Until now everyone thought that Twitter is the paradise of crypto scammers. Now, however, it’s turning out that scammers have advanced their techniques and extended them to other platforms as well. The result is that Microsoft-owned LinkedIn, the social media platform that is usually known for its professional purposes and high quality users, now seems to be emerging as the next hotbed for crypto scammers.
That’s right. After hijacking Twitter now crypto scammers are expanding their footprint to LinkedIn as well. The modus operandi here is slightly different from that of Twitter – instead of impersonating themselves as famous celebrities on LinkedIn these scammers are posing as employees of major cryptocurrency companies and exchanges. Binance is among the exchanges being targeted by these scammers, and recently Binance CEO Changpeng Zhao went on a tweeting spree to raise awareness about these crooks. He said that less than 10 employees of his exchange have a LinkedIn profile, and a majority of profiles that describe their owner as an employee of Binance are actually scams. And unfortunately, there’re more than 500 such profiles – that is 50x more than the number of Binance employees who actually use LinkedIn. In short, if you’re dealing with someone on LinkedIn who says “working at Binance”, he/she is most probably a scammer.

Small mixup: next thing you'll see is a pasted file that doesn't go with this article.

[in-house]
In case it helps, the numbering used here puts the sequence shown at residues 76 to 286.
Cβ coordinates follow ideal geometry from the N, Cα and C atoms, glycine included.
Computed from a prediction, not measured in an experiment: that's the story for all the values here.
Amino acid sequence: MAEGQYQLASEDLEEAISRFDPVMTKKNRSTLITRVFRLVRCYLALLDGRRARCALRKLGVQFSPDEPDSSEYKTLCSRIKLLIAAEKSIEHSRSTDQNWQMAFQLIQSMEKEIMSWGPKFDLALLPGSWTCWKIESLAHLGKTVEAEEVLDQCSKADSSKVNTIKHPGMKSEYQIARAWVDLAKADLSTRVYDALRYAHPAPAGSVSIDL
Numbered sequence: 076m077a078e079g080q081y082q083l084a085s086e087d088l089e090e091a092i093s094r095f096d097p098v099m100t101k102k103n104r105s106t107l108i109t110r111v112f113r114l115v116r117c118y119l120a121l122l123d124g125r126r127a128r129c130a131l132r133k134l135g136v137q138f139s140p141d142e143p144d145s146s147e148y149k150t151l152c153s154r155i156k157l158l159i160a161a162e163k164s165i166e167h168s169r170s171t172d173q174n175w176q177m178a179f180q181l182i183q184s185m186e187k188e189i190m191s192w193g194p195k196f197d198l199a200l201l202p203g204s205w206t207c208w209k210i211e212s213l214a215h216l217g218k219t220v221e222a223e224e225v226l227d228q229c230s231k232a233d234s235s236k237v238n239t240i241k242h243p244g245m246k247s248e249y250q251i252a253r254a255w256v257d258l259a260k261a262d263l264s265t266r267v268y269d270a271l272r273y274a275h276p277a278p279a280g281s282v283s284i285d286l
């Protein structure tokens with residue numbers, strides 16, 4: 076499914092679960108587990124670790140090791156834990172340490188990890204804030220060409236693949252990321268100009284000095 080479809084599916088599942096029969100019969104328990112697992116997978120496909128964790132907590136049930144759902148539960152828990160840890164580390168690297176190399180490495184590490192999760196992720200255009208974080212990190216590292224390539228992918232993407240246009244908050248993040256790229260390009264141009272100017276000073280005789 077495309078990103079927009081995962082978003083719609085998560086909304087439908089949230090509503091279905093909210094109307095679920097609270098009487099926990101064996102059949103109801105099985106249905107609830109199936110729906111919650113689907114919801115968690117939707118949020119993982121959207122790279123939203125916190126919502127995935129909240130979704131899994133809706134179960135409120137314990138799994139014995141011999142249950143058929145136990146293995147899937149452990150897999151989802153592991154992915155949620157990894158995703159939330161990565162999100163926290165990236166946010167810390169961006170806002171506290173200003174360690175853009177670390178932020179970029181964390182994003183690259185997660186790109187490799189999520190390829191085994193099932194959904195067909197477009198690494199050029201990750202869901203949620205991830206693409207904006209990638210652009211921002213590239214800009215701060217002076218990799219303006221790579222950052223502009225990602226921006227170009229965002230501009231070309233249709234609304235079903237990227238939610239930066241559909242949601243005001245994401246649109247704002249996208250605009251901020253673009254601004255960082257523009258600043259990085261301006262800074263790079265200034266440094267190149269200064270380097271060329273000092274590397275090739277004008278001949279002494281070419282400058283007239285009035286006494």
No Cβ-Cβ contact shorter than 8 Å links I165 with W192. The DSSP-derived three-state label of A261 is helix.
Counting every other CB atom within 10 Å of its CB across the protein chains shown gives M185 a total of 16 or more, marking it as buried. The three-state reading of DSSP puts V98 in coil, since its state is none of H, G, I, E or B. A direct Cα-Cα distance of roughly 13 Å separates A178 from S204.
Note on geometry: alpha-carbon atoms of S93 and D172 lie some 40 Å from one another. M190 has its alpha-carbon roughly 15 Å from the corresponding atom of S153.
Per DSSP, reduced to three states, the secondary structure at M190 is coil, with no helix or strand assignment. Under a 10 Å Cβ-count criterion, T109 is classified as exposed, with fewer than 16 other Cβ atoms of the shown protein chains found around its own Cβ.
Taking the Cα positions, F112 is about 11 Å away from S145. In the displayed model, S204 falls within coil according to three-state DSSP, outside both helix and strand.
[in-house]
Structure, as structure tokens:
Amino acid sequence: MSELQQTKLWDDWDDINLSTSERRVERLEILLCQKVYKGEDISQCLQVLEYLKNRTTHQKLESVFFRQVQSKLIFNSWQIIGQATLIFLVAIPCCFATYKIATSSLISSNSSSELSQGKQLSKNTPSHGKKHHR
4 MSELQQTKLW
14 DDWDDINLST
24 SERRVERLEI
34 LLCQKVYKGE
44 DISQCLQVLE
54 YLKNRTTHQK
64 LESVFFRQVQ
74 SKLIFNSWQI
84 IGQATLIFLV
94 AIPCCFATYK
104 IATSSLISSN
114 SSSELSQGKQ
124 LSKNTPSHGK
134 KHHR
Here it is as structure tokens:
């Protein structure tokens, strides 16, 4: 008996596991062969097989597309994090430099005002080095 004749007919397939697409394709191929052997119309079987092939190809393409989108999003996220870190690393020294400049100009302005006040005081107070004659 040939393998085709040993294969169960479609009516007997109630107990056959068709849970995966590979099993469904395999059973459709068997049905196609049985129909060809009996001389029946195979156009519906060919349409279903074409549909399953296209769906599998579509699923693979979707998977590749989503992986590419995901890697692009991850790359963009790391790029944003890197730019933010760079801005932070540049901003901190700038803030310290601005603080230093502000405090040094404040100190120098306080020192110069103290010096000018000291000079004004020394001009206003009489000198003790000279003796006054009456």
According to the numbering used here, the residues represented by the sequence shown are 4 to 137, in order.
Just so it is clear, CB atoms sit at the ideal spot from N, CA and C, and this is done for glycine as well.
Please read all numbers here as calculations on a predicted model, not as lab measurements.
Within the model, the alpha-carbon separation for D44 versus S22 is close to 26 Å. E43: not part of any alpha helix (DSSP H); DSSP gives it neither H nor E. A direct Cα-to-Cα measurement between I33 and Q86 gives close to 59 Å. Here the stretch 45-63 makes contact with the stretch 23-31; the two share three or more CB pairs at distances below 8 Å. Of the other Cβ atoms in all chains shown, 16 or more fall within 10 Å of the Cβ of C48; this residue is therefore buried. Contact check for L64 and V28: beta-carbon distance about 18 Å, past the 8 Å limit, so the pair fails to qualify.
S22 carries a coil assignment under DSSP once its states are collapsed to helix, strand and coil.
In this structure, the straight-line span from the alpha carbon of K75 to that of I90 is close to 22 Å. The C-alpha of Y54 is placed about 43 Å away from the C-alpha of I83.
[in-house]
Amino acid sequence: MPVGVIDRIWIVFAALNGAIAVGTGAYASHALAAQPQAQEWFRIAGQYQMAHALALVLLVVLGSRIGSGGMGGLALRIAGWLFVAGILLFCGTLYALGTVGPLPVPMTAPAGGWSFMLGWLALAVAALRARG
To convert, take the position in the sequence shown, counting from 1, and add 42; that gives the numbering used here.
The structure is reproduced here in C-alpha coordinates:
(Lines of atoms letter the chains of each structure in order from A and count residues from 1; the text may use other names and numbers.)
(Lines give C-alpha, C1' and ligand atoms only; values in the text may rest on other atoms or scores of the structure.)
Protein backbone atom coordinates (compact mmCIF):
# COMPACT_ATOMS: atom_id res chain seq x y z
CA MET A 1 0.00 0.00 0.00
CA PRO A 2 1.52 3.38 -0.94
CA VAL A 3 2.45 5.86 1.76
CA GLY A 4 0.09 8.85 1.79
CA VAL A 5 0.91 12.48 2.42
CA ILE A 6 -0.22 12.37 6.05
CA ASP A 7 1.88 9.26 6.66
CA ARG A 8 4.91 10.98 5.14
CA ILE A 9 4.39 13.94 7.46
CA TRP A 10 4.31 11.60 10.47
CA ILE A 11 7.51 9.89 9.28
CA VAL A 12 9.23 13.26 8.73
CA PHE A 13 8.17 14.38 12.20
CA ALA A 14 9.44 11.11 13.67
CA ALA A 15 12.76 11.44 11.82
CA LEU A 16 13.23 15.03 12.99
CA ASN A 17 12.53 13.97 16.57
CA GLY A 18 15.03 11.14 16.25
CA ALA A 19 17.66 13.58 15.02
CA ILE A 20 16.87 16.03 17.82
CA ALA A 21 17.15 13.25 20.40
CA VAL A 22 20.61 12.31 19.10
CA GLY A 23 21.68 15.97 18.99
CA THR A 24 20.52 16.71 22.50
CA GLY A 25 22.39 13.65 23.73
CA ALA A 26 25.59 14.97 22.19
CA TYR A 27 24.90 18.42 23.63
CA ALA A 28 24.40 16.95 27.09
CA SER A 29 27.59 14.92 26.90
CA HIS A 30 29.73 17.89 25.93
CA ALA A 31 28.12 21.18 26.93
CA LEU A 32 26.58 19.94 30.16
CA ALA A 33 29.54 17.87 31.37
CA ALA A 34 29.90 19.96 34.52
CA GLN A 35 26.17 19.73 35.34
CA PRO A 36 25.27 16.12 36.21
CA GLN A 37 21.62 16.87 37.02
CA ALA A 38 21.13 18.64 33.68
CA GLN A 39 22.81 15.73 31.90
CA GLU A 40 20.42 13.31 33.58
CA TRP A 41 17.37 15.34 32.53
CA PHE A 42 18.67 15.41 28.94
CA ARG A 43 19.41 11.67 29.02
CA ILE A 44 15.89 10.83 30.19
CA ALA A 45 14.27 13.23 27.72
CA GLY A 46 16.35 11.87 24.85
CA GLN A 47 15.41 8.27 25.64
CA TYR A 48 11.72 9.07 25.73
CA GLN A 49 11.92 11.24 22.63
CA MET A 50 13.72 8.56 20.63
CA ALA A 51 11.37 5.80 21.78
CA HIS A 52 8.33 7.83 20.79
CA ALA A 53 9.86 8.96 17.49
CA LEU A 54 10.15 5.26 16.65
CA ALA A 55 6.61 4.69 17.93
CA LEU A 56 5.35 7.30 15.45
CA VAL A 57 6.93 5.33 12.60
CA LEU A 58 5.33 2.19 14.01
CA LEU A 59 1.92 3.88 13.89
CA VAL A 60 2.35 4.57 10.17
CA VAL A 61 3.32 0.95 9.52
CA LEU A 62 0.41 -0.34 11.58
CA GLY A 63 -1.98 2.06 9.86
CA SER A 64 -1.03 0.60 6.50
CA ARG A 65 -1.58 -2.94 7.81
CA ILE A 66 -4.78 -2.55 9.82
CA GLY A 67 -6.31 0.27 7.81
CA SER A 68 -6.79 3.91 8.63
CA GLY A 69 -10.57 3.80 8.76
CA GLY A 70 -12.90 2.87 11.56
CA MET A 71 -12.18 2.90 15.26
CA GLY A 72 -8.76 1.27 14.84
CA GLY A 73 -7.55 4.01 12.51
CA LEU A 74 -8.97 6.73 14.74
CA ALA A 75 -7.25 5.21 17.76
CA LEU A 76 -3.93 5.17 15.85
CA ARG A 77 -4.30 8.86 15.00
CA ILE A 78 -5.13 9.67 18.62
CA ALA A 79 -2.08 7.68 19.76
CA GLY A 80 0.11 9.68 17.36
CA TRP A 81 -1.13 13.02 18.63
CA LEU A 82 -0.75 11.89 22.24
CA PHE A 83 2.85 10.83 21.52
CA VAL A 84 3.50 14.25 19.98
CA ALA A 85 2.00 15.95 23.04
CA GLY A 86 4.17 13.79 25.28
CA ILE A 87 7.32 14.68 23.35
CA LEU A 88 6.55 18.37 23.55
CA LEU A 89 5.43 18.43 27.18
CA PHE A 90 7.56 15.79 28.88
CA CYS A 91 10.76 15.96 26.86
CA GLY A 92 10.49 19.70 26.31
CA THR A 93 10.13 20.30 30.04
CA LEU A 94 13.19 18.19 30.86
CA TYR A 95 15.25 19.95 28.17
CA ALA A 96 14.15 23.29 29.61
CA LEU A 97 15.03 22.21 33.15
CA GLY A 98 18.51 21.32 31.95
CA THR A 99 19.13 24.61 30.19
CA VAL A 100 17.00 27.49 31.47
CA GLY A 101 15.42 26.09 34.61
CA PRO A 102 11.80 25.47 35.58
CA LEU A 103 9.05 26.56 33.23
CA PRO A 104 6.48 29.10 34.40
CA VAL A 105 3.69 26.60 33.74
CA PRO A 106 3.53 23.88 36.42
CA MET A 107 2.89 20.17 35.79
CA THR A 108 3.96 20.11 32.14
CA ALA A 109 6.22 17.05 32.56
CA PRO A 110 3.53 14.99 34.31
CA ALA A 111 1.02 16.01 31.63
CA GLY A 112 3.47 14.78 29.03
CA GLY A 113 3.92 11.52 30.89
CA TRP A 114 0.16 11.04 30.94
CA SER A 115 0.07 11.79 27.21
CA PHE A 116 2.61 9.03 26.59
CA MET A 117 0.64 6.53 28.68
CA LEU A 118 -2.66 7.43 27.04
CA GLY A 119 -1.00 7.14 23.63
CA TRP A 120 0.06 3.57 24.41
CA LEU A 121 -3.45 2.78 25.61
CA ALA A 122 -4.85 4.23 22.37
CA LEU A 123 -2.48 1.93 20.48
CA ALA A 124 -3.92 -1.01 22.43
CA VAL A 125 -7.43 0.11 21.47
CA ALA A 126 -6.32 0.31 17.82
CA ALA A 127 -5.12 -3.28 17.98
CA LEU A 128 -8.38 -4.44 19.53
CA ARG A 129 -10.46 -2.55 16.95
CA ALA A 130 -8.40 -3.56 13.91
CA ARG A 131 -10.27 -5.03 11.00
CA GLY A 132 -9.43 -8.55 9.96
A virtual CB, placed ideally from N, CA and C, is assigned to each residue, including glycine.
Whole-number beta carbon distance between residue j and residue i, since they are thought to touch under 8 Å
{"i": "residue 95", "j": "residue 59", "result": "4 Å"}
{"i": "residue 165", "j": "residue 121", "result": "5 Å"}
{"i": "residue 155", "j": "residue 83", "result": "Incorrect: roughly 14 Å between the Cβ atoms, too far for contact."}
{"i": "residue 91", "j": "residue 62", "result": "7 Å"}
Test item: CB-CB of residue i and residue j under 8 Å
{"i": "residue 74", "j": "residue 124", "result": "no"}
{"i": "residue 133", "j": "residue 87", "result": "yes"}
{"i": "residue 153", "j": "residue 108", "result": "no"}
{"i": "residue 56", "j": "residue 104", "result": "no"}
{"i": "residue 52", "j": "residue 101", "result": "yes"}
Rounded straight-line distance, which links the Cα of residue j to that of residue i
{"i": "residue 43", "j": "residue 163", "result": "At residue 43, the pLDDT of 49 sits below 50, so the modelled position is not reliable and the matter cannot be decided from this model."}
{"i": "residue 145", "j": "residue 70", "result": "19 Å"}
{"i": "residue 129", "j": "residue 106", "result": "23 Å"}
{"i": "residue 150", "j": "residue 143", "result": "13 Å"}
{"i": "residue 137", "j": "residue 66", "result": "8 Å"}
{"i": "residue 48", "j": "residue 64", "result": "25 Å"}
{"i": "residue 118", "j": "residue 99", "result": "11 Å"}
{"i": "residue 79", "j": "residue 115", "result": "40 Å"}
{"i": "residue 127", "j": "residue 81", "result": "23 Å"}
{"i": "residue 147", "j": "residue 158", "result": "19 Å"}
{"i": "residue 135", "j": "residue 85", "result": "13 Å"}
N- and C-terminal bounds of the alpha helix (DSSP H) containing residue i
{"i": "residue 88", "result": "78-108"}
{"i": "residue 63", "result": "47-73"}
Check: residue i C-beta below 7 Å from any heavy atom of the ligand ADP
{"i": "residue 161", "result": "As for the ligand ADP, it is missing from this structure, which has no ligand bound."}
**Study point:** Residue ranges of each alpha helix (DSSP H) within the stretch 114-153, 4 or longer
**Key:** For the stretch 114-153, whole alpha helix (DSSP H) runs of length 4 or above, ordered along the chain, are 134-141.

Be aware of scammers. Most of the 500+ “Binance employees” on LinkedIn are FAKE. Our listing team is not public on LinkedIn. We will never contact you first about listing applications.
— CZ Binance (@cz_binance) December 3, 2018
Only 10 people from Binance have a public profile on LinkedIn, yet there are 500 people there claiming to be with Binance. Beware of scammers.
— CZ Binance (@cz_binance) December 4, 2018
The majority of those scammers are pretending to be the members of Binance Listing Team. By pretending like this they can ask app developers to pay a certain amount for ensuring a listing on Binance. However, the reality, according to CZ, is that Binance NEVER contacts any app developer before listing their applications.
CZ also said in his tweet that Binance mails are signed using PGP. All unsigned emails arriving from any sources are scams.
Now it will be interesting to see whether LinkedIn takes action against these scammers or not. Twitter has tried curbing this menace and there has been mass blocking of Twitter accounts by the company to prevent these scammers, but it remains to be seen whether LinkedIn will do any such thing or not.